Author: Laurie Watt
MIDHURST – For the first time ever, a Wasaga Beach mayor will lead Simcoe County – and he will do so during a critical time as the area struggles with growth, increasing demands for social services, and tighter finances.
In his second run for the county’s top job, Cal Patterson was acclaimed warden Tuesday afternoon. In his seventh year as mayor, Patterson, 56, has served as chairman of the county’s influential performance management committee for several years, a job that’s designed to furnish the experience required to step in as warden.
“Each one of us has issues we need to bring to Queen’s Park and be heard,” said Patterson, who pledged to help develop leadership on council, as well as restore trust in county politicians.
A retired financial controller, Patterson was born and raised in Collingwood. He served six years as a Wasaga Beach councillor and six as deputy mayor – the job that first brought him to Simcoe County council.
He said he was surprised and relieved when the warden for the past three years, Springwater Mayor Tony Guergis, declined the nomination.
Within minutes of beginning his speech to wrap up 2009, Guergis began thanking colleagues for their support. It quickly became obvious he was not going to proceed with his bid for a fourth term. Even so, Guergis made history as the county’s first three-year warden.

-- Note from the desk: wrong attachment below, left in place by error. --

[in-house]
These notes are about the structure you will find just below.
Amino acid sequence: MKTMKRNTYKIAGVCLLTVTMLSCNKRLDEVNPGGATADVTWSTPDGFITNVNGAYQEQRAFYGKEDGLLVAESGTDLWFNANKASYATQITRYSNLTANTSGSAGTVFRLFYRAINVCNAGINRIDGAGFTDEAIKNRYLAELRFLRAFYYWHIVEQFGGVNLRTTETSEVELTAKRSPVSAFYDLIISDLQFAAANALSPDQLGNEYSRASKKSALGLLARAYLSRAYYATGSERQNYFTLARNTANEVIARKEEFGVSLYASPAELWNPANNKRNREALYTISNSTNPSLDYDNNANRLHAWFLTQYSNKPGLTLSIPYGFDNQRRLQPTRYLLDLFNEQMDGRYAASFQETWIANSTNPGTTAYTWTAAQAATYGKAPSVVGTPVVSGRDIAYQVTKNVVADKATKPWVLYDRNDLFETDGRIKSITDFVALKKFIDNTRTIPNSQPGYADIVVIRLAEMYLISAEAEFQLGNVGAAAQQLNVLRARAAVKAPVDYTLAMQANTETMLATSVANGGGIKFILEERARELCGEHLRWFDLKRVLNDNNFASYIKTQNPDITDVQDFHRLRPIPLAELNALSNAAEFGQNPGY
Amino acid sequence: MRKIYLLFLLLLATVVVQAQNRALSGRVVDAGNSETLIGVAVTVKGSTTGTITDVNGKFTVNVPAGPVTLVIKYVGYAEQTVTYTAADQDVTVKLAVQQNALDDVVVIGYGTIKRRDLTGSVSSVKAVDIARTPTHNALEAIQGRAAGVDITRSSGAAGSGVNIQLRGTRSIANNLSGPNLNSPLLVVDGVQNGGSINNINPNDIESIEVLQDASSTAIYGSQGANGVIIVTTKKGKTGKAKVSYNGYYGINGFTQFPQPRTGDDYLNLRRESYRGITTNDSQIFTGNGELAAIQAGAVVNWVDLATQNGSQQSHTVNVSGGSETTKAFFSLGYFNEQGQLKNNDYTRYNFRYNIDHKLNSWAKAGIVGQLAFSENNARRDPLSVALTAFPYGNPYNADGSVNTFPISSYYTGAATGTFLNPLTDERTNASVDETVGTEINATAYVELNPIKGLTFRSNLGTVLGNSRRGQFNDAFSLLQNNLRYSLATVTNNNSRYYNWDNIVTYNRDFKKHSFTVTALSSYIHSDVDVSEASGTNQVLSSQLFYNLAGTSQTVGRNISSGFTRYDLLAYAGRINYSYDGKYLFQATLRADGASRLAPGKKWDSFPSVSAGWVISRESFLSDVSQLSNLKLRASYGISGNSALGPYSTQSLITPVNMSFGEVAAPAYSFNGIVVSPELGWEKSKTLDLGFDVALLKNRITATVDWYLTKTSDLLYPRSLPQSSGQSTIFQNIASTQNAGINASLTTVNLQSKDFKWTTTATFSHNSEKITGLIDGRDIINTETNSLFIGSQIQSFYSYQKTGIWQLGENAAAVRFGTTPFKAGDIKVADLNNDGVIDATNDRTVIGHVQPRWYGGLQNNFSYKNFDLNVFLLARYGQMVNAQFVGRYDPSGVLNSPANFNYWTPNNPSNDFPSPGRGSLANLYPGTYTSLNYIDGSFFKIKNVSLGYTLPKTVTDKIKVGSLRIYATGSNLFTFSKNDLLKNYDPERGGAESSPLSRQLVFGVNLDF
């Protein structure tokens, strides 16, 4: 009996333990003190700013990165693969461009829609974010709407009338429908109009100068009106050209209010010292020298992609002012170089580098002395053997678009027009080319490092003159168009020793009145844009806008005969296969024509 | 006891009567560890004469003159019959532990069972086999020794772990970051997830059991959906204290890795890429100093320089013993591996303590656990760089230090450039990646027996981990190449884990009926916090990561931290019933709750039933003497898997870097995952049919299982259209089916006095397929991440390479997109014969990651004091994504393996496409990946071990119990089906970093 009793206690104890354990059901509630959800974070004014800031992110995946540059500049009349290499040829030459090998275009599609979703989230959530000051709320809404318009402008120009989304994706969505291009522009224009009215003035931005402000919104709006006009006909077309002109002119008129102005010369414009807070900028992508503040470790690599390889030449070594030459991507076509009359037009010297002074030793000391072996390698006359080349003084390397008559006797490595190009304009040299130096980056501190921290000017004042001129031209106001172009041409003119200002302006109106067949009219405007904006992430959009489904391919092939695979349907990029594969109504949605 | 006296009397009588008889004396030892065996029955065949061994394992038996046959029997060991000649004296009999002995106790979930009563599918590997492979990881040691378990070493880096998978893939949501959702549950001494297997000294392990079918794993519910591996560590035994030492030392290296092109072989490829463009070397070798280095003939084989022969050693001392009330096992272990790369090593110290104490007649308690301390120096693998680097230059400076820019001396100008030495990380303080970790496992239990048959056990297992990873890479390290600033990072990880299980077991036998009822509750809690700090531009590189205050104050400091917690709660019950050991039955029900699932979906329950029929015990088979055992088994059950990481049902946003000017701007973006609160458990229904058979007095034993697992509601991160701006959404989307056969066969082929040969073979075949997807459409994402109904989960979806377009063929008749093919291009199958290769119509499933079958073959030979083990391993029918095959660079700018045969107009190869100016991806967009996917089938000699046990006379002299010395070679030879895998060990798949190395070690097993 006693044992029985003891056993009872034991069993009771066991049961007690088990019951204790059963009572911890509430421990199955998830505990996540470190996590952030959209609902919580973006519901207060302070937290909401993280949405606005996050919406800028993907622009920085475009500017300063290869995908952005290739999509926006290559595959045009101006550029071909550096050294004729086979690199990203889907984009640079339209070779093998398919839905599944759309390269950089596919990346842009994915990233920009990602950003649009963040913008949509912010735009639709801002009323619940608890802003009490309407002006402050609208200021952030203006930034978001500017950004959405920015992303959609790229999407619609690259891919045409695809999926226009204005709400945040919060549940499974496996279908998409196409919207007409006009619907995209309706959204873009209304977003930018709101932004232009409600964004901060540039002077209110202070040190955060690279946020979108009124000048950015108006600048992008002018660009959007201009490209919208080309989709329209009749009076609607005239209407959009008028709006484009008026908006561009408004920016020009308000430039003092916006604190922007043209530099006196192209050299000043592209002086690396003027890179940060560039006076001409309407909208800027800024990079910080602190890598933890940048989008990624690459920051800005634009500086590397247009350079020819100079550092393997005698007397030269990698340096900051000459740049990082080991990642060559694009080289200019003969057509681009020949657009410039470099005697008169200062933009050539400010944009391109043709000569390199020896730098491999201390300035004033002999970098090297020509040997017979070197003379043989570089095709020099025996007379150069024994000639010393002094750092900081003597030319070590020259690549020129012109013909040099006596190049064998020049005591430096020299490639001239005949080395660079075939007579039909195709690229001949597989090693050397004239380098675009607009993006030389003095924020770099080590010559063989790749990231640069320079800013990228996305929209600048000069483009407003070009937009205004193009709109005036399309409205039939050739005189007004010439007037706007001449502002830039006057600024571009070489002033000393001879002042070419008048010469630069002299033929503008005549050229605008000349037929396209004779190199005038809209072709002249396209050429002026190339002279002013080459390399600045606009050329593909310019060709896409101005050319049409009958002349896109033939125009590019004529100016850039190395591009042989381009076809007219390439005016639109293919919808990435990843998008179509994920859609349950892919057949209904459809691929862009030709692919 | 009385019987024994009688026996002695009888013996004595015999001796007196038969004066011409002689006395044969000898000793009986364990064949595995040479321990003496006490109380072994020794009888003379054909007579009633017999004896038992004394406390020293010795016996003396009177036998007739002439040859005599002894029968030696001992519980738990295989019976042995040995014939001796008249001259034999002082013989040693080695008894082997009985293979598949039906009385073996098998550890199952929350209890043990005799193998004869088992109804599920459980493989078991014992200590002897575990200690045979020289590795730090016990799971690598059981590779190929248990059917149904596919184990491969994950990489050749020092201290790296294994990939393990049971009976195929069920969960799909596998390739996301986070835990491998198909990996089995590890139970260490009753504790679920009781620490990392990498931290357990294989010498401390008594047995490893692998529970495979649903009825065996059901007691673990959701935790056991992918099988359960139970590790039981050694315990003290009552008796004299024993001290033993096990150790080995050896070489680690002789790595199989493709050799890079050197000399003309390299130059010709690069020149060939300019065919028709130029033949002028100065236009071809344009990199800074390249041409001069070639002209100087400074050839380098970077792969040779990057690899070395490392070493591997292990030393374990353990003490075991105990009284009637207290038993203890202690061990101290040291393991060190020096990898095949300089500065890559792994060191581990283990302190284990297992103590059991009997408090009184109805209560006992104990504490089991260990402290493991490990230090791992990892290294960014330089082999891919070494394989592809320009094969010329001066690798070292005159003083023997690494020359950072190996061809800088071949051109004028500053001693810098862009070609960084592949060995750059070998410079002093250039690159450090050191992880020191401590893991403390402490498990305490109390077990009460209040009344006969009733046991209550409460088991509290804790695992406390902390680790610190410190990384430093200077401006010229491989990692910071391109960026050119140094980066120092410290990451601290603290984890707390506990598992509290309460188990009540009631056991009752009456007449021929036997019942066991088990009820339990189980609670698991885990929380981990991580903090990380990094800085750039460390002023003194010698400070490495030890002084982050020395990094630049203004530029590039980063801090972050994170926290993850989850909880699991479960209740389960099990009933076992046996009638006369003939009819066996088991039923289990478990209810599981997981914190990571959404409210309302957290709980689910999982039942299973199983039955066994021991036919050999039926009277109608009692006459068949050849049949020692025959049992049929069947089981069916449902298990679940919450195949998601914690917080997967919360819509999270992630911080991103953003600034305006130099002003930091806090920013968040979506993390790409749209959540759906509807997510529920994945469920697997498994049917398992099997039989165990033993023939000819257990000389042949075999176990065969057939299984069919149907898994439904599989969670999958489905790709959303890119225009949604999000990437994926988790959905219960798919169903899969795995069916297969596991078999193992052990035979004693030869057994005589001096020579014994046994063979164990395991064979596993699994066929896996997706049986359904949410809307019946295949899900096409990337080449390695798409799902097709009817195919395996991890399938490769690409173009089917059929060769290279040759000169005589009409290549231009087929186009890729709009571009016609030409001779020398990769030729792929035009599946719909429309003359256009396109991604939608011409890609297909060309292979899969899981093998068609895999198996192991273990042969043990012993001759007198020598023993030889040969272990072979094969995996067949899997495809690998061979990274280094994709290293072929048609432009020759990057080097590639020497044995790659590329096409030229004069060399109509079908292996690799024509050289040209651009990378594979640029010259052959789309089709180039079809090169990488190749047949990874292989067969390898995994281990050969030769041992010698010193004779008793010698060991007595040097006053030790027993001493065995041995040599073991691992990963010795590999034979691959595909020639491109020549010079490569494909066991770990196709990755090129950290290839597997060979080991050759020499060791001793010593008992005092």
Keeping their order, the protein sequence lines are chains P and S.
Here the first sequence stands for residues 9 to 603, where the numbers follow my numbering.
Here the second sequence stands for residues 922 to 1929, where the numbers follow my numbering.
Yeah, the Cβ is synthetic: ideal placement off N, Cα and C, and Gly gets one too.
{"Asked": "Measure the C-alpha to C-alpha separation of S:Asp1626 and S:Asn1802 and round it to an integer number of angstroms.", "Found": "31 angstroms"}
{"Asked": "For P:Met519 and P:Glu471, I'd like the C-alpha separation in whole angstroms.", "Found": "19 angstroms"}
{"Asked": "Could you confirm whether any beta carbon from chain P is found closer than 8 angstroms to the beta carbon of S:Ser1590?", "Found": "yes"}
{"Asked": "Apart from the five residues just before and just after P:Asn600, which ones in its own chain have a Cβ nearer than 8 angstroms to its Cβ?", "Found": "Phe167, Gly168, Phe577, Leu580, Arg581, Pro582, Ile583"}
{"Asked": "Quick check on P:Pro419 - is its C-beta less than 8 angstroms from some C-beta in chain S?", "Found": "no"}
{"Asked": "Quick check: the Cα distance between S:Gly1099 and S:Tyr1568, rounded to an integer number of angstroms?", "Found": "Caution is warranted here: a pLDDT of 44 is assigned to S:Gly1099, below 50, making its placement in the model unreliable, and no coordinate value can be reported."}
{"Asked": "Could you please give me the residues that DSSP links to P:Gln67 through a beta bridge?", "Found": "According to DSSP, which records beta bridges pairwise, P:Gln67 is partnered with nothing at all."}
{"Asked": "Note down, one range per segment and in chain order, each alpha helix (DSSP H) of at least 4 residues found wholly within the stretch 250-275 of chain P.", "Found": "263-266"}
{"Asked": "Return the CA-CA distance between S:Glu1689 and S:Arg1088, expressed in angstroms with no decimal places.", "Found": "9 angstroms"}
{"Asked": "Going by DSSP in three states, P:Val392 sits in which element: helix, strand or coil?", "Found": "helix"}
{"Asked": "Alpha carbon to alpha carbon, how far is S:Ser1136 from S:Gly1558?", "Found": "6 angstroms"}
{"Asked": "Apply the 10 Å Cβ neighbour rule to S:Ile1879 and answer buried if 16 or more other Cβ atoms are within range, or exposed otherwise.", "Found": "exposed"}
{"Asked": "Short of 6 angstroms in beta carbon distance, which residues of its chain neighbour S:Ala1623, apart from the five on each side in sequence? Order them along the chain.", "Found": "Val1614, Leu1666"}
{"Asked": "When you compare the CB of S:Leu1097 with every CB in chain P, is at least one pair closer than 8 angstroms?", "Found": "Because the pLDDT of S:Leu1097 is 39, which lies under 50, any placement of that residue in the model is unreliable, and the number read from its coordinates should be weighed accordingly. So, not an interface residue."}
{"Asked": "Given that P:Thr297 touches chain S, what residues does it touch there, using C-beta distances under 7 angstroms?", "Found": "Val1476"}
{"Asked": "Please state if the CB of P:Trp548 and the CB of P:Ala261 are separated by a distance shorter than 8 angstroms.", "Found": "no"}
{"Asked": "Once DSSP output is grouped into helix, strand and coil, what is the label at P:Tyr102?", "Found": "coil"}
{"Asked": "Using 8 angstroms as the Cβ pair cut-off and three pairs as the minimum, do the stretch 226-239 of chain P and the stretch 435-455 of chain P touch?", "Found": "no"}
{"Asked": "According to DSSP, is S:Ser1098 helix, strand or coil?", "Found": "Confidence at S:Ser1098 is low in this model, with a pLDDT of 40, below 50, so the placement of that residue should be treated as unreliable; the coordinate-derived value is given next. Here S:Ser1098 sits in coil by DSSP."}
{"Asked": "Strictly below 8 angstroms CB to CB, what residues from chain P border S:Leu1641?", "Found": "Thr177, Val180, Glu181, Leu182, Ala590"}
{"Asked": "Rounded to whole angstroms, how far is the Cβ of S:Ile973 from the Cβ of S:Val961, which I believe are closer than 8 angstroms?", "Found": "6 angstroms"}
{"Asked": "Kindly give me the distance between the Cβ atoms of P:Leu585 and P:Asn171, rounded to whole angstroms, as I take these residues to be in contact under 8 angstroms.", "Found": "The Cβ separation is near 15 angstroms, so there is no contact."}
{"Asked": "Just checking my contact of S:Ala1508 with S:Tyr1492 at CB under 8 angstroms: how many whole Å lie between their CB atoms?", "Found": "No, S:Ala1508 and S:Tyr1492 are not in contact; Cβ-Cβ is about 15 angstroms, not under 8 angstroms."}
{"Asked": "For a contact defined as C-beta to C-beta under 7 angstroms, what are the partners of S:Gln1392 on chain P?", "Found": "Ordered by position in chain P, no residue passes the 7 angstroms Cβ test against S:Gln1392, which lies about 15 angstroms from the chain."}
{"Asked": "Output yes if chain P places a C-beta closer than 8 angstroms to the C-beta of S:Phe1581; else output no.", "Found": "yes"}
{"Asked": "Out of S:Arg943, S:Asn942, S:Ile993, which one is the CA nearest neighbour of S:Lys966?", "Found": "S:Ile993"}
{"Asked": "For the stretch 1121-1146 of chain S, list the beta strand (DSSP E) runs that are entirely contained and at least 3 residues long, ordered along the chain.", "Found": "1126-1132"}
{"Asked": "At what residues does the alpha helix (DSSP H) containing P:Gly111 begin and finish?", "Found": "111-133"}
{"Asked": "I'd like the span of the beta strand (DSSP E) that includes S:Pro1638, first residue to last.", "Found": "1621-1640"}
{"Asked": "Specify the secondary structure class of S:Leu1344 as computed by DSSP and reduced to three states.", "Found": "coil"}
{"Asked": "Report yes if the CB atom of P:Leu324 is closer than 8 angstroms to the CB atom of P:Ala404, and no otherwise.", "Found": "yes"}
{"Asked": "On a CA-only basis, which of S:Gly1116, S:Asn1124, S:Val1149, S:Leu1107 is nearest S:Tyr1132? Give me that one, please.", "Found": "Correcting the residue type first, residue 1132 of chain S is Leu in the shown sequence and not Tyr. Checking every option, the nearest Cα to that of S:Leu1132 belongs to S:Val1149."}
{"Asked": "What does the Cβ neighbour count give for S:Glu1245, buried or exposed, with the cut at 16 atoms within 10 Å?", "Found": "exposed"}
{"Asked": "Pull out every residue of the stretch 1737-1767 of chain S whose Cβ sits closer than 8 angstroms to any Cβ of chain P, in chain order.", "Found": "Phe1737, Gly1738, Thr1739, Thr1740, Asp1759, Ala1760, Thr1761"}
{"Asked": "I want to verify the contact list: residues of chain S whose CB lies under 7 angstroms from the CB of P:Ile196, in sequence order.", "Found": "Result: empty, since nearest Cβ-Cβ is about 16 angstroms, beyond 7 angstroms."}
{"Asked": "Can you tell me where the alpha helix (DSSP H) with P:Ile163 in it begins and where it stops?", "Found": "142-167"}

“Thank you for your support in giving me this tremendous opportunity to serve, not once, but three times,” he said.
Guergis highlighted the challenges and achievements of the past three years, citing: the controversial Site 41 landfill; budgets that he described as showing restraint while still supporting the vulnerable; and a growth-planning exercise that ultimately resulted in an Ontario Municipal Board appeal and a provincial vision for the area.
“Most of the work I set out to do in 2010 is done,” he said. “Last Thursday was a landmark day for me. We had 18 municipalities working together. We unanimously passed two resolutions – that we would support each other’s growth plans and support the provincial direction, and that we’d work together on servicing solutions.”
Patterson said he plans to work with Guergis to ensure a smooth transition and rebuild county respect after the intense Site 41 debate this summer – a contentious debate that put Guergis’s name on placards.
“I’m hoping we can work together,” said Patterson. “He has three years of being warden. There are a lot of things going on with growth planning, Site 41 – that was a tough one.
“(Being warden) is the next step in leadership,” he said, adding he plans to help develop leaders among county councillors and keep them informed and involved. “I lead by consensus. That’s my style. I want more participation.”